A Republican lawmaker said the UW System must “follow the law” if it wants to impose new COVID-related mandates on campus.
The Republican-controlled Joint Committee for Review of Administrative Rules recently voted to require the UW System to promulgate rules for policies on campus.
State Rep. Adam Neylon, R-Pewaukee, who co-chairs JCRAR, said Republican lawmakers want to make sure “there is not an overreach in terms of what (the UW System) is forcing university students to do.”
“Too often, we’ve allowed agencies, the administration, the UW System, to circumvent the legislative process in doing these unilateral rules that have the same impact as law, without going through the legal legislative process,” Neylon said on “UpFront,” produced in partnership with WisPolitics.com.
He said Republican lawmakers are concerned about what mandates the UW System could issue.
“The next step, we fear, is they would require forced vaccinations, and that is something that is public policy that should go through the legislative process,” Neylon said
In another segment, U.S. Rep. Gwen Moore said 8,500 people in Milwaukee have been served with eviction notices since the Centers for Disease Control’s COVID eviction moratorium expired on July 31.
Days after the moratorium expired, and after an outcry from progressive lawmakers in Congress, the CDC issued a new, more limited moratorium that will be in effect until Oct 3.
The Milwaukee Dem said that extension would give more time for agencies to get federal COVID-19 assistance money out to landlords.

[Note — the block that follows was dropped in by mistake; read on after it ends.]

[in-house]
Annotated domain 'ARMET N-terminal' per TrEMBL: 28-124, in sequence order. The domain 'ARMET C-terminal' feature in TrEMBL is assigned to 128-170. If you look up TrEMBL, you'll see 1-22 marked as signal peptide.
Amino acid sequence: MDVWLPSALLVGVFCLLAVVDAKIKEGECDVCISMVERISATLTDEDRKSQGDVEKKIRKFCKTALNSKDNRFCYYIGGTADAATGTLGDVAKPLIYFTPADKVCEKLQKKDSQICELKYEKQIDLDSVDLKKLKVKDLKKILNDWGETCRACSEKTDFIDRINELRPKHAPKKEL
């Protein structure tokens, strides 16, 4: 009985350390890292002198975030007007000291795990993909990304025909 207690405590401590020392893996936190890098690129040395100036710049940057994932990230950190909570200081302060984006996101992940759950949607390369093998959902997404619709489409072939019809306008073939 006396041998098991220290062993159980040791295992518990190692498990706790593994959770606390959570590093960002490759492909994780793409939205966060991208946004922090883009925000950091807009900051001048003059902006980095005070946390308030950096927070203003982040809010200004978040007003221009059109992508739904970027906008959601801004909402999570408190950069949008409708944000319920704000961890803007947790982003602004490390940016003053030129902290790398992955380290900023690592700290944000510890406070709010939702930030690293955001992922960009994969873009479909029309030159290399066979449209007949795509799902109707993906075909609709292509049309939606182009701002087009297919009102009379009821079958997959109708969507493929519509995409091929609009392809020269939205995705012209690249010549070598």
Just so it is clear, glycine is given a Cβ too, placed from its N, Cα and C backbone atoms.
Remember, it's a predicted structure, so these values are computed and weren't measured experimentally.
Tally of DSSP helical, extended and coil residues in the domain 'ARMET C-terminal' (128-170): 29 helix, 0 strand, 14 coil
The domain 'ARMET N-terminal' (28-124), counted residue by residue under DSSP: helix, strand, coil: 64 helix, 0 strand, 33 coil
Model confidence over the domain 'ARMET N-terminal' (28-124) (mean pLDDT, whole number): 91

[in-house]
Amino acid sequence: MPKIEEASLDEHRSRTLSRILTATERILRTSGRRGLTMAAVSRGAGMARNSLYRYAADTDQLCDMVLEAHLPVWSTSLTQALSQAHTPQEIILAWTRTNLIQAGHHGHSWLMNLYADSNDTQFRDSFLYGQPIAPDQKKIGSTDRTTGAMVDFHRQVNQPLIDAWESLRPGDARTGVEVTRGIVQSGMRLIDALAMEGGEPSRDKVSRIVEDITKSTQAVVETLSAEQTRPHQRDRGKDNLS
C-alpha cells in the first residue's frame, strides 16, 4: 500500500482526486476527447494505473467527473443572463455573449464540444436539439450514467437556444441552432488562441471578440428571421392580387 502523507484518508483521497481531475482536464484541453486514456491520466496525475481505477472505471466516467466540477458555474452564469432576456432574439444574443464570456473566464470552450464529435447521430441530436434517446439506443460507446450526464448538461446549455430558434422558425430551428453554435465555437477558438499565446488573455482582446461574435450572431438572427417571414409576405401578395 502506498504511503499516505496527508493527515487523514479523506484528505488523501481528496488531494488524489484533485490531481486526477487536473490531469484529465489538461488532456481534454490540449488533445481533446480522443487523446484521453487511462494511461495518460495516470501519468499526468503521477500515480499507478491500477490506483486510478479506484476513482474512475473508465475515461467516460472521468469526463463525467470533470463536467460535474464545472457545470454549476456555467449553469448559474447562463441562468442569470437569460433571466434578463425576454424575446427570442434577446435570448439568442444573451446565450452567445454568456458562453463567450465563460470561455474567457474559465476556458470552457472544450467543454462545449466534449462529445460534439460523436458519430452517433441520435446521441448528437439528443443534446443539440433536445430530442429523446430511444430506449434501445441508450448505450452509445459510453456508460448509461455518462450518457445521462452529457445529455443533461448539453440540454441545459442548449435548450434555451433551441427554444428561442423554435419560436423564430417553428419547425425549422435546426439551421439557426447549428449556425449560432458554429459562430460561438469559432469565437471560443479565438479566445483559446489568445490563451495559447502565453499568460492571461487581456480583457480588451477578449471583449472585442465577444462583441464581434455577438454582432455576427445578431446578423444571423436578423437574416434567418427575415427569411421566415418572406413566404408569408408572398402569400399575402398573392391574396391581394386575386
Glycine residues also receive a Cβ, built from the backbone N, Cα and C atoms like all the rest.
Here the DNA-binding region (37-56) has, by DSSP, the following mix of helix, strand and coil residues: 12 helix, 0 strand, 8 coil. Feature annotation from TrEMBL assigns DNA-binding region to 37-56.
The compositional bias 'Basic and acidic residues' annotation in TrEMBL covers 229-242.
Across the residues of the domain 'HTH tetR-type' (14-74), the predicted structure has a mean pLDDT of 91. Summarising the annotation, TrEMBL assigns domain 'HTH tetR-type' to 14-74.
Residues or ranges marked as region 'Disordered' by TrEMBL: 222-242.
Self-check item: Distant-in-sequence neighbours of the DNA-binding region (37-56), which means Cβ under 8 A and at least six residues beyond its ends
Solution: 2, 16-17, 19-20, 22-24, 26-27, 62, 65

“In the city of Milwaukee, we have agencies that are prepared to distribute and disperse the money, it’s just that there has not been enough time to do it,” Moore said. “There’s a really high bar to being able to demonstrate and bring the appropriate documentation.”
She urged landlords and tenants to work together to get the paperwork needed to apply for assistance.
“I’m asking people to be patient. This is the reason we needed the moratorium extended, so that we could get the money out,” Moore said.
Also on the program, Milwaukee Health Commissioner Kirsten Johnson said “nothing’s off the table” as the city considers its next steps amid sharply rising numbers of variant cases.
Johnson said she and Mayor Tom Barrett meet almost daily to discuss what their next steps should be. The city recently issued a mask advisory.
“We really are strongly encouraging businesses to ask people to mask indoors, to have staff mask indoors, regardless of vaccination status,” Johnson said. “I think that’s our first step.”
Johnson said she did not foresee Summerfest, Milwaukee’s big outdoor music festival scheduled for September, being canceled.
She said the COVID-19 Delta variant is the predominant variant right now and she anticipates cases continuing to climb in the city for the next 20-30 days. She also said the city is looking at potentially mandating its employees to be vaccinated but “it’s a lot more difficult than it seems to actually implement.”
“We know vaccination is the way out of this pandemic,” Johnson said. “Every single person who is not vaccinated is a potential host for another variant, and we need to avoid that at all costs.”
See more from the program here.